Yes, strategy is much more than a business plan. The word “strategy” means different things to different people. I’m always interested in origins, so here is where it came from. You can look it up at the online etymology dictionary.
Of the various definitions one can find, I think that this is one of the best. It is from the strategy+business website:
Plans can vanish. Strategy doesn’t. That doesn’t mean plans are wasted.
Strategy, simply put, is how you are going to play the game, the tournament, the season, or whatever other term you might use, long-term in order to win according to what you think winning is. Too many people mistake plans for strategy. They are not! Plans are strategic ideas. Plans are options put on paper. Plans represent the thinking, coordination and allocation of resources necessary for their successful execution. Plans represent possible contingencies so that minds are prepared when they do become necessary. Plans allow you to be swift and decisive when drawing up your current plan because you have walked through the process many times already. They are records. They are testament to your past work. They do not dictate your current choice for what action to take. That is the bailiwick of strategy. Bear in mind, your strategy can change, especially if some unforeseen beast suddenly crash-lands in the works. I hasten to say that your strategic aim shouldn’t have changed, otherwise it means that you are prepared to abandon your original desires for new ones. What do you think happens to all the hard work you put into planning then? Exactly. Back to the drawing board, as they say. But you go back to the drawing board much better equipped to draw up pertinent plans because you have exercised yourself to do so repeatedly in the past.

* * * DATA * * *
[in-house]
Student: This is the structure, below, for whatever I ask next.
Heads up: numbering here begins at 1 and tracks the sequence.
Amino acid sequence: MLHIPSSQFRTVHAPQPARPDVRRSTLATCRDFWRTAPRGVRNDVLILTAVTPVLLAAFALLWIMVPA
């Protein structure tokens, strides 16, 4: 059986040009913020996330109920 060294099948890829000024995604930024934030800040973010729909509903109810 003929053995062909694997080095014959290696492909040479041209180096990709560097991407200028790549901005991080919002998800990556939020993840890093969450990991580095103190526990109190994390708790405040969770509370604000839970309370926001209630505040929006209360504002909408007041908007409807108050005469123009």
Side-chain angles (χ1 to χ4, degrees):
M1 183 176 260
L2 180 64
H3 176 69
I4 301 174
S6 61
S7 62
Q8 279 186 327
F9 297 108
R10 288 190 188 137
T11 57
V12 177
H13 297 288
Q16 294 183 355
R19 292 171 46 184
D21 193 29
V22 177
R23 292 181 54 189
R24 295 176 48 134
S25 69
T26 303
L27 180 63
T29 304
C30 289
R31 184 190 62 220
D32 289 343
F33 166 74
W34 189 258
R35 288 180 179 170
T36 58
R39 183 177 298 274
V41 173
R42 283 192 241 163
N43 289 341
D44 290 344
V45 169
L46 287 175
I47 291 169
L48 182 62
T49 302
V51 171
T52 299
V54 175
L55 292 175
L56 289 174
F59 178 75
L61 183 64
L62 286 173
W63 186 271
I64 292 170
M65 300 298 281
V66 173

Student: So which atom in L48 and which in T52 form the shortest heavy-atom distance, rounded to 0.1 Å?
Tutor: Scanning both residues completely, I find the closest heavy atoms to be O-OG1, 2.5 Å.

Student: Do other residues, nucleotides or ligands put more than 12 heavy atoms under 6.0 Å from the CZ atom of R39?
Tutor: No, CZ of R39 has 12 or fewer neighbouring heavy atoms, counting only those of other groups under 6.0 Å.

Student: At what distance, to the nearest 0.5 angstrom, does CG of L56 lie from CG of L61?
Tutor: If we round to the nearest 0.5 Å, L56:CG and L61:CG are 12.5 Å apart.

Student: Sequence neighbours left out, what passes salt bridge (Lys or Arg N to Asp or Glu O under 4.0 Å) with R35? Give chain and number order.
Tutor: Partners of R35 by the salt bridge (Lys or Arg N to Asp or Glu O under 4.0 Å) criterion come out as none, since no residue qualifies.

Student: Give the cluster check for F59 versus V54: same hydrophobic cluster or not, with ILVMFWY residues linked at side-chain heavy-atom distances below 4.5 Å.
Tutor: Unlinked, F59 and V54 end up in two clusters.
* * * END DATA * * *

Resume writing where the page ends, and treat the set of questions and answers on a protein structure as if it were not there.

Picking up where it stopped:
So, what is strategy? Deciding on courses of action that bring you closer to your vision. Deciding to do things that express your mission. Knowing that the courses of action embarked upon truly reflect your raison d’etre. If you are a house dealing in luxury goods, your strategy might be aimed at the best and wealthiest in society. Not the rich, I said; the best and the wealthiest. If so, then producing or acquiring “luxury items” of “lower cost” would represent a total abandonment of your strategy. If you go down that path, you will find that the wealthy will not buy from you, but the rich will. I am not sure that is what you would want. If your strategy is to reach every household with an instrument of investment that grows some funds, then you need to spend a long time educating people on the importance of doing so, and not only what they stand to gain from it, but also how they might contribute to the community by their participation.
Do you know why so many struggle in business? It is because they are not clear what their strategy is. When the strategy is unclear, people tend to mistake plans for the strategy. Recognize that, get yourself out of that tight spot, spread your wings and get ready to fly!